By Rowan Eisner – Monteverde, Costa Rica
QUESTION: How do you dry sheets in the rainforest?
ANSWER: See below!
Energy at the field stations
The field stations are the hub of activities in the Children’s Eternal Rainforest. Study groups, research projects, monitoring programs and, of course the income-generating tourism that keeps everything going all revolve around the field stations. So how do remote, off-grid locations meet comfort expectations when a group of thirty visitors may leave and another group arrive the same day?
Volcancitos, rivers and sun
Fifteen years ago San Gerardo (the current site of the San Gerardo field station on the Pacific side) was part of a “Tico*” farming community. The reserve acquired a hydropower generator to provide power for the community. Gradually, the small landholders left and now the 25kw generator is far too big: 10W would be enough. It is 1000 yards from the stations where the water pressure was too high, blowing the fittings and a tree fell on it. The plan is to swap it for a smaller generator, which uses less water and is closer to the station for easier maintenance.
The Pocosol field station on the Atlantic side also has a hydropower generator, but it is home-made from cups of cut pipe and a car differential. It is used to power lights and kitchen appliances like the blender. Pocosol also has volcancitos, or bubbling hot mud pots, half a mile away that could produce hot water if MCL can figure out the transport.
The challenge with hydropower is that the busiest time at the field stations is also the driest time. To solve this problem San Gerardo has inherited used solar panels from a Costa Rican indigenous community that has been connected to the grid and no longer uses the solar panels. When delivered these panels could be used for lighting and MCL is keeping an eye on the price of energy-efficient LED light bulbs. San Gerardo also has a diesel generator which produces more power than is needed for the washing machine and lights it currently powers, so that too will be sold for a smaller, more energy-efficient replacement.
Laundry: Until recently, washing sheets and towels meant two, 1 hour return trips to the nearest clothes drier on the all-terrain vehicle: expensive and time-consuming. But all that has changed with the new drying room at the San Gerardo station. Built from off-cuts of fallen trees with a poly-carbonate greenhouse roof, the 20×30′ drying room can reach a temperature of 120 degrees F inside and can get towels dry as quickly as one hour. Pocosol will get its own drying room soon, replacing an attic cupboard or hour- long road trips to a clothes drier. But, true to its name, solar drying will take longer with little sun. A trip to the duty-free zone in Golfito to buy a spare set of quick-dry sheets also helped. Now the station manager can stay at the field station and help with the change over between visiting groups rather than spend the day (and all that gas!) going to dry the laundry. This will be a great help this summer with the change over between groups, when five groups – each with 28 people – will be staying at the station.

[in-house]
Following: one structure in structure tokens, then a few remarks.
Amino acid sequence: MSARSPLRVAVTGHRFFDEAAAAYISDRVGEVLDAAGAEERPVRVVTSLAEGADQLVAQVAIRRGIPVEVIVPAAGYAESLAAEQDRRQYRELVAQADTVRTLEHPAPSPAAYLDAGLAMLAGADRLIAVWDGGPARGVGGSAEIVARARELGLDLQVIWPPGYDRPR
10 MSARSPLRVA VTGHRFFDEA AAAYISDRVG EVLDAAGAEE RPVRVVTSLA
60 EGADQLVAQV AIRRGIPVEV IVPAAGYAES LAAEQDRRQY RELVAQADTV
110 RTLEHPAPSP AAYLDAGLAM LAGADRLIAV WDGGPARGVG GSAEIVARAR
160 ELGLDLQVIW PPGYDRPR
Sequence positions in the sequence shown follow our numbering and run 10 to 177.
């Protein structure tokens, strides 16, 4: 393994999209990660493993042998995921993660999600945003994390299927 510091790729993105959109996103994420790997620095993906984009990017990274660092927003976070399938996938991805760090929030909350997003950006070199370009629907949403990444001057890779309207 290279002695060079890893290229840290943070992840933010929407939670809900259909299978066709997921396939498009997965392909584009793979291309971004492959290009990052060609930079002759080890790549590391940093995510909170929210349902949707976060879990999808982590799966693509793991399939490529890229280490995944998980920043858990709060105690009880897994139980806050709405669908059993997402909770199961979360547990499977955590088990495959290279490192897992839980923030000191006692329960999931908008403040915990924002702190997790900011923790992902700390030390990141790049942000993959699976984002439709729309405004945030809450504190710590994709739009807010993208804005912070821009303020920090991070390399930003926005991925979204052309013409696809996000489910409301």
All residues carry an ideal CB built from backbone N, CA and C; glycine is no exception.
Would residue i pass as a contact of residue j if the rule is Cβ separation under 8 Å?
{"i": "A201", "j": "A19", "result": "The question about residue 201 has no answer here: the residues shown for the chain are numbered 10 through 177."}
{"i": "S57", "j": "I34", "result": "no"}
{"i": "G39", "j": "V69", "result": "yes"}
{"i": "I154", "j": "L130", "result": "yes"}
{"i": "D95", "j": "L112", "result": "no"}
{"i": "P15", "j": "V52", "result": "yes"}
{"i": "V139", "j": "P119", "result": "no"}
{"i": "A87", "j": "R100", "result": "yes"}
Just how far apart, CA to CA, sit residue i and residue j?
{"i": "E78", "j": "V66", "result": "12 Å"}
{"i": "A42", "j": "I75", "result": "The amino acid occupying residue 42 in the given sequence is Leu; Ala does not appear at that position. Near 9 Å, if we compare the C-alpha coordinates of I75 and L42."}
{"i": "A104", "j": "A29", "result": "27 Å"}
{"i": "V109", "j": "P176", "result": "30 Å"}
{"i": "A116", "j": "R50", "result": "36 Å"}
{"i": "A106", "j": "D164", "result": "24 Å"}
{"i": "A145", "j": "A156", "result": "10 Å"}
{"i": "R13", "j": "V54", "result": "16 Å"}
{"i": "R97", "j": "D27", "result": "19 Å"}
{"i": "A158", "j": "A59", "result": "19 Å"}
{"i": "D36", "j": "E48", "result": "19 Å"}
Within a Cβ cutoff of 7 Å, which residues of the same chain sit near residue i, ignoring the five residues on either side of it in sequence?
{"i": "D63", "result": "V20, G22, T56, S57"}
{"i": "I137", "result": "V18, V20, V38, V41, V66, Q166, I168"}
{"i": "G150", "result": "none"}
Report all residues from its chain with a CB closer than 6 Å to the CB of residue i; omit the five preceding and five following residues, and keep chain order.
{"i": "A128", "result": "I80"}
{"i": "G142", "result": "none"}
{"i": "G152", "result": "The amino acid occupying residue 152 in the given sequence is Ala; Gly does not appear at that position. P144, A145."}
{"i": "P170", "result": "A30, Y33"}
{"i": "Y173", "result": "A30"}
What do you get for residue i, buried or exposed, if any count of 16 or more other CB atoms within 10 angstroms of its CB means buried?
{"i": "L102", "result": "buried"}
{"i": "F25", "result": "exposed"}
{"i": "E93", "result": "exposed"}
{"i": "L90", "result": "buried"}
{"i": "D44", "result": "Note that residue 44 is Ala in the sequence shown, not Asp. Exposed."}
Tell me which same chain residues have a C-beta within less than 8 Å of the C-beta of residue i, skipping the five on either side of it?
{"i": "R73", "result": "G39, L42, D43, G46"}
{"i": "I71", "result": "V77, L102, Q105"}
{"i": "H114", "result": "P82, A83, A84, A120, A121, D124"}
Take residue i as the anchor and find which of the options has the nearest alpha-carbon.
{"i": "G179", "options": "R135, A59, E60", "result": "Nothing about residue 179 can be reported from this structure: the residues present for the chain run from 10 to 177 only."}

Food: Salad for dinner? Fresh fruit for breakfast? Or how about fish for lunch? There is no refrigeration at the field stations, so anything fresh must be brought in frequently. Fish, for instance, needs to be picked up just before meal preparation. San Gerardo has a custom-built spring house which keeps food cool, and Pocosol uses ice boxes. Still, there is the time and cost of shopping trips and so MCL is looking into economical alternatives, including a kerosene refrigerator for the San Gerardo station.
Hot showers please! This is the number one request by guests. Currently, it is possible to make hot water by lighting a fire under the tank, but often there is no one to do it or no dry wood. Now that the solar drying room is in place at San Gerardo it should be possible to run solar hot water pipes through the room to make warm water for showers. The drawback is, with cold showers people only take 2 minutes to shower. With hot water, it would be hard to keep showers to 10 minutes.
Top energy priorities for the field stations:
Visitors: hot showers
* “Tico” is a name that Costa Ricans call themselves.